Lessons from China key in adopting national ethos
While corruption is one of the most hated vices, it is ironic that it is also the most prevalent in both public and private life. Sleaze is a fact of life globally, including on the hallowed grounds of Vatican City.
In China, and several other countries where corruption is not condoned, one would rather die, than face a judge on corruption charges. The Chinese hang the grand corrupt for good measure. In Japan, officials are known to commit hara kiri – suicide- than face their families and the public with corruption-related offences.
In the West, ill-gotten wealth is frowned upon, notwithstanding their love for materialism and conspicuous consumption. On the contrary, hard work, innovation, honesty and strategy are seen as the pillars of both national and personal growth.
While the West is basically licentious, people still condemn social ills like sex abuse and fraud. Unexplained wealth is also not kosher.
In Africa, you guessed it, corruption is glorified. We hold the wealthy corrupt in high esteem. We adore them, and bestow on them leadership positions.
This is simply because we are bereft of the core values that make people accountable for their actions. We long lost the moral compass that kept individuals on the straight and the narrow. And with this moral lacuna, anything goes. The talk of the majority of Kenyan adults today is all about money, from the myriad bills to pay, to making lots of it, legally or illegally. We are hardly passionate about what makes us better human beings, devoid of soul damaging iniquities. Let us get back to the search for a saving grace. How do you make a nation of 1.4 billion people read from the same script? Well, the Chinese people are guided by Confucianism, the moral philosophy that was founded and espoused by Confucius the philosopher. According to encyclopaedic sources, Confucianism is a world view, a social ethic, a political ideology, a scholarly tradition and a way of life.
It is viewed both as a religion and a philosophy, encompassing a way of thinking and living that entails ancestor reverence, and a profound human centred religiousness.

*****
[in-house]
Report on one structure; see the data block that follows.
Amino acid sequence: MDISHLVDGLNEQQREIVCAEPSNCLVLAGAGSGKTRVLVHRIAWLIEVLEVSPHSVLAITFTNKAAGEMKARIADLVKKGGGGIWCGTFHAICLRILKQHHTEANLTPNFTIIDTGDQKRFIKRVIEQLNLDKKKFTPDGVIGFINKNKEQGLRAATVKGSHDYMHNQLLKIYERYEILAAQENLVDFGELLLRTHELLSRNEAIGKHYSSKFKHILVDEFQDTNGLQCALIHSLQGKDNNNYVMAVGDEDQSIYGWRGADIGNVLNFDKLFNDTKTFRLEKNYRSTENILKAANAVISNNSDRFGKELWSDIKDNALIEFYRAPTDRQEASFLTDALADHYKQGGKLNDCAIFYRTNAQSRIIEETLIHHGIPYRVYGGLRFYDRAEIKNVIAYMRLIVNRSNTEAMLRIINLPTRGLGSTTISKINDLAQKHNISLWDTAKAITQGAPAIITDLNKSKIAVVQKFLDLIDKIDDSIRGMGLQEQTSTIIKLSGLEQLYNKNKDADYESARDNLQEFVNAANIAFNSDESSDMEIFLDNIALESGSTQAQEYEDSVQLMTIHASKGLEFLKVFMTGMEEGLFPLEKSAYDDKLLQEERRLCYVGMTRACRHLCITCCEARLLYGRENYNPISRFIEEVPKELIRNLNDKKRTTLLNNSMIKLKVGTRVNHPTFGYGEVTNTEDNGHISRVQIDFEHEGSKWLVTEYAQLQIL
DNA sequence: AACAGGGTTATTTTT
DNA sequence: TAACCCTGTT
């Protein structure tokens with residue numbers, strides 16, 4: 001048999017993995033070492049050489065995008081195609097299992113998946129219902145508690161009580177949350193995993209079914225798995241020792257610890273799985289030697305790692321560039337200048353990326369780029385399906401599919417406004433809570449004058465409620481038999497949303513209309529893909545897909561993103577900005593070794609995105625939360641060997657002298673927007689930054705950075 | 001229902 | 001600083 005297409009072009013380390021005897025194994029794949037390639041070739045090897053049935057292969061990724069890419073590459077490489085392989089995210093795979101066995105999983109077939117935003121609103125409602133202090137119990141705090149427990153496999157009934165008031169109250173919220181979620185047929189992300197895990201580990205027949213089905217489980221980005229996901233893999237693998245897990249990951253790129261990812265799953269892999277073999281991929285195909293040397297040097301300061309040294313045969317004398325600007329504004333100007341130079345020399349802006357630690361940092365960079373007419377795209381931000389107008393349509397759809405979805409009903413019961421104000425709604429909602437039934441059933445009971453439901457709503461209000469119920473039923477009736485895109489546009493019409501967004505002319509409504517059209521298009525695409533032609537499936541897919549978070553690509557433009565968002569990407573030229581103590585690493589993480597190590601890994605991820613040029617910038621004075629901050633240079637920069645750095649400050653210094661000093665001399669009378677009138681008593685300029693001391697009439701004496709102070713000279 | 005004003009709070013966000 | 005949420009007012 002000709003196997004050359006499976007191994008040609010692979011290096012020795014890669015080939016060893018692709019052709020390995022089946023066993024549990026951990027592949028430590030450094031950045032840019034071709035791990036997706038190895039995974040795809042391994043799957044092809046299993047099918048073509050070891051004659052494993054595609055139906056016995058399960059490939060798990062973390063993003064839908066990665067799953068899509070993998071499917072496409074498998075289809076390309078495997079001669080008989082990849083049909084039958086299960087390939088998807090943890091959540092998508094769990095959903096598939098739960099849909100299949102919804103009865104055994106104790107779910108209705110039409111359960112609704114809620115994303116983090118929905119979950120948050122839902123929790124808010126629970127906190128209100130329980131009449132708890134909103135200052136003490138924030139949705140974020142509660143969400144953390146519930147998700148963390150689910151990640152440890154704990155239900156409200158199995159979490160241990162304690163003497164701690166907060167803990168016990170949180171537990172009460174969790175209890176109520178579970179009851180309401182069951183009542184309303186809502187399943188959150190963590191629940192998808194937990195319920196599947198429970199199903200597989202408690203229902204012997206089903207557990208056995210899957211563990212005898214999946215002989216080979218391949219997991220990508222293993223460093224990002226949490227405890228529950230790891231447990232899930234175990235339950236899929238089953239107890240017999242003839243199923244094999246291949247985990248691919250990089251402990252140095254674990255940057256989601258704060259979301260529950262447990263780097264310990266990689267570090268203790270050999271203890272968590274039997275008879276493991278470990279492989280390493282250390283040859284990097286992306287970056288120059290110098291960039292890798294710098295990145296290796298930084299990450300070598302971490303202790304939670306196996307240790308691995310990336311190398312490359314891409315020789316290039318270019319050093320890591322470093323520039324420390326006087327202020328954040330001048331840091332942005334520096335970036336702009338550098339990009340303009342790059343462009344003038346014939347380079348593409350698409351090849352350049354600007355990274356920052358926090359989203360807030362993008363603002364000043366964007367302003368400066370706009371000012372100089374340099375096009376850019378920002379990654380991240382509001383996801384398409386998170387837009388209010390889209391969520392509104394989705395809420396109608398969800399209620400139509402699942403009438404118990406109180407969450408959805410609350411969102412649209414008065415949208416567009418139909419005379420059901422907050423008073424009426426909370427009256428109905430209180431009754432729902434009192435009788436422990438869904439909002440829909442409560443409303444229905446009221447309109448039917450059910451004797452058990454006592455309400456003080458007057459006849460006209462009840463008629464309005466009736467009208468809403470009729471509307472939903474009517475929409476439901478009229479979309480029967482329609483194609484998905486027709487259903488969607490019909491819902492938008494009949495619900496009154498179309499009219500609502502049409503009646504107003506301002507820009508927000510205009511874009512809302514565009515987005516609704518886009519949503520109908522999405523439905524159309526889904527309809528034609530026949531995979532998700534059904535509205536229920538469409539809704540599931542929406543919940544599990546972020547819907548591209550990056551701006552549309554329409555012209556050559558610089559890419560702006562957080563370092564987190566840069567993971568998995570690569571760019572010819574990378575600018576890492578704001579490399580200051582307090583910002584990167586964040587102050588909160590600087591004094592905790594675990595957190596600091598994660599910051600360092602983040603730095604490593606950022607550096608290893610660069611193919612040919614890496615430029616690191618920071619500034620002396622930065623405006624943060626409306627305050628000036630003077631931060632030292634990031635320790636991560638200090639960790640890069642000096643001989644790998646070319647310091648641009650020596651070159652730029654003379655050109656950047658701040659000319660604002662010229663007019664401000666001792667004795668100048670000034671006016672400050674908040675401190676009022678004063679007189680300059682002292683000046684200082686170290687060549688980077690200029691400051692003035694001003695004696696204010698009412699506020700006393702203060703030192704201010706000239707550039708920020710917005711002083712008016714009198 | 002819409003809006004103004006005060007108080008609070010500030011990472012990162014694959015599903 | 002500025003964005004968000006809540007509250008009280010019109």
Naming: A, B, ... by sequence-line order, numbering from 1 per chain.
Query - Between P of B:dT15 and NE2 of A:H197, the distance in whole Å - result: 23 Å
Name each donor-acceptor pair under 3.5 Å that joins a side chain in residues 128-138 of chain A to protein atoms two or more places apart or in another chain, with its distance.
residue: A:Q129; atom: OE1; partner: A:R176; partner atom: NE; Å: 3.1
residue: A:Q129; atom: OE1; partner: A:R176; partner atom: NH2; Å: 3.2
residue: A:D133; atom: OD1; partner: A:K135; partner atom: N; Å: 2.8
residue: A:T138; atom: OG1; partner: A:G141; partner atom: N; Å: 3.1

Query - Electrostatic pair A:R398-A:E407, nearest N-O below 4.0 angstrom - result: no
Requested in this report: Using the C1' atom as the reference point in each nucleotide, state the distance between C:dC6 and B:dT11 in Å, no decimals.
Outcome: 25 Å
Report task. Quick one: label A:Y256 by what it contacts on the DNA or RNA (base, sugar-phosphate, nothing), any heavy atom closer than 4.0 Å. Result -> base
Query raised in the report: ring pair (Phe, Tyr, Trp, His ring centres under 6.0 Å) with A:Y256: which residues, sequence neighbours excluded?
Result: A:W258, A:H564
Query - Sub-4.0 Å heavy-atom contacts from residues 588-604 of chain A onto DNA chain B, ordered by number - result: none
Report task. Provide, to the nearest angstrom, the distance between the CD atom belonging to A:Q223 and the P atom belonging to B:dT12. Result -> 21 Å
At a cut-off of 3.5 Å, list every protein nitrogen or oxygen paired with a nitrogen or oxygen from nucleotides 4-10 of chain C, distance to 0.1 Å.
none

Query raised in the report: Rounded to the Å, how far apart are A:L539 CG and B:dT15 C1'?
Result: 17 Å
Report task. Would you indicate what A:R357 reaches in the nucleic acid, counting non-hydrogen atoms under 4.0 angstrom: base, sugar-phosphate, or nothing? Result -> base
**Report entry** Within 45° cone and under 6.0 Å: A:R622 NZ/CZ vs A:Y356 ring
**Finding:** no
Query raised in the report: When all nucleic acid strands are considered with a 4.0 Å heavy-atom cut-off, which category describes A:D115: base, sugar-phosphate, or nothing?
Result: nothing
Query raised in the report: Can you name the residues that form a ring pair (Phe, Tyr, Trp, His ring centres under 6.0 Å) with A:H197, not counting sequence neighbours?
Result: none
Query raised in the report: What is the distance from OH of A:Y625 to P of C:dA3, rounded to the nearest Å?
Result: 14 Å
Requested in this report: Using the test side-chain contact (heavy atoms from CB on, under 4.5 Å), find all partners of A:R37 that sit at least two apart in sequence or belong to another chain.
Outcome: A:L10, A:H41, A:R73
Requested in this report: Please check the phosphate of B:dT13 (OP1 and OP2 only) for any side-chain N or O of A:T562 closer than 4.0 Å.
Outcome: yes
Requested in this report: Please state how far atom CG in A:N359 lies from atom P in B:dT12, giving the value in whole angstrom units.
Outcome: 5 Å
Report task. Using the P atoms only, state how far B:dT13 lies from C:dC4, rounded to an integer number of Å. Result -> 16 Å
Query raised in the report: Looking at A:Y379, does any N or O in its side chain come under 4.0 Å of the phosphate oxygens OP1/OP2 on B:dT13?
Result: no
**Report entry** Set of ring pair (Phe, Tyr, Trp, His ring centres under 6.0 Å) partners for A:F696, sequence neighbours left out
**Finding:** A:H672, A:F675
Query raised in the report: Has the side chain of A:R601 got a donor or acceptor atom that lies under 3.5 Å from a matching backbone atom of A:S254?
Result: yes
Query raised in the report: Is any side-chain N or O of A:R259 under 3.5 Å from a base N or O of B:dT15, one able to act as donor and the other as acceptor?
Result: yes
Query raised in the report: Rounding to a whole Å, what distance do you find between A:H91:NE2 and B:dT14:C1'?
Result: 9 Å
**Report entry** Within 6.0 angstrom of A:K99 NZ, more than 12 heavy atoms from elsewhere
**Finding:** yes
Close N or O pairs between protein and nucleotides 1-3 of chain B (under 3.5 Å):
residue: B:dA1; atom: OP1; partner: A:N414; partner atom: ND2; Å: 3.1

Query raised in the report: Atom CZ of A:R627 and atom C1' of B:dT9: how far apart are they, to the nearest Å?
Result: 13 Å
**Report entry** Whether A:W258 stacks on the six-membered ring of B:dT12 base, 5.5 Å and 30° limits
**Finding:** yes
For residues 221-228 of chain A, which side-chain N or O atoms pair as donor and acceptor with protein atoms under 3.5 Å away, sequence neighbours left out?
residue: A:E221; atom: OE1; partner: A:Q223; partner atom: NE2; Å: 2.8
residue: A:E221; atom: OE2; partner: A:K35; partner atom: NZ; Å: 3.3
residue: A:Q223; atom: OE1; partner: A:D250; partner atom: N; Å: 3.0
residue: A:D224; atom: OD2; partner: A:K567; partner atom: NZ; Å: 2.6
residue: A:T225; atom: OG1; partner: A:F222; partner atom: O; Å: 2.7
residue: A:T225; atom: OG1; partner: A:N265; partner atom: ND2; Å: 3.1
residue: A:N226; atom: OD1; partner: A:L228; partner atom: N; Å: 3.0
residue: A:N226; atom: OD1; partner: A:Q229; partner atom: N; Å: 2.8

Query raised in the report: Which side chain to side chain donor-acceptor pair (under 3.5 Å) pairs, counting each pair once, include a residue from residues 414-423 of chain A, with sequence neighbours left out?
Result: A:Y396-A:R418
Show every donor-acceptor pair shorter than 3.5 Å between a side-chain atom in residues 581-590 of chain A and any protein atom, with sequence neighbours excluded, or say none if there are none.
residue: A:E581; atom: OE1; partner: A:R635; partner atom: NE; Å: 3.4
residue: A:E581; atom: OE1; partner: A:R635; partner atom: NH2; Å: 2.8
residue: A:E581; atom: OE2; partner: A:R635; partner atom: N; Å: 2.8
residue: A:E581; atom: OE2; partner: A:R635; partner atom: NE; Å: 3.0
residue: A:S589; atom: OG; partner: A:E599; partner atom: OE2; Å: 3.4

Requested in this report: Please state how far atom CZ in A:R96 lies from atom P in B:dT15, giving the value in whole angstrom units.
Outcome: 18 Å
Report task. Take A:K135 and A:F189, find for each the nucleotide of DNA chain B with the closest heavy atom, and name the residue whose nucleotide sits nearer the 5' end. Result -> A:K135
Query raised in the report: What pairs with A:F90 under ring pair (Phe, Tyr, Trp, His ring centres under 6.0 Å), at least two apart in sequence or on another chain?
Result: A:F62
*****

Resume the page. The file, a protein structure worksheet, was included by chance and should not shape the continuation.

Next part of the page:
Confucianism, which spread from China to other East Asian countries, has greatly impacted the spiritual and political life in the region. Both the theory and practice of Confucianism have greatly influenced the patterns of government, business, society, education and families.
Confucianism compares well with Islamic culture, which is based on the strict Sharia Law. This law dictates the life of a Muslim from birth until death concerning food, education, business, law and social interactions. Again, corruption in Islamic countries is anathema, due to the dire consequences.
Our lack of moral principles has made us a mean society, with no genuine empathy for the poor or marginalised. That is why very few of our wealthy people have created foundations in areas like health, education, and other social causes. Our mantra is primitive accumulation.
Africa needs to rediscover some of her traditional values including reverence, kindness, socialism, respect for elders, and protection of women and children. It is agreed that Christianity has failed to promote virtues, with the Church today behaving like the secular immoral society it condemns from the pulpit.
Due to the ingrained culture of corruption in all sectors, there is a growing dearth of professionalism in Kenya. What are some of the factors destroying professionalism? First is poor remuneration of professionals in public service, and wide discrepancies among those doing the same job in the private sector and civil society. Employment is about livelihoods, not sacrifice.
Once someone takes a job through the ‘back door’, he or she is not motivated to excel. Survival to keep the undeserved job becomes his or her preoccupation. Think of our politicians, who bribe their way to electoral office.
— The writer comments on international affairs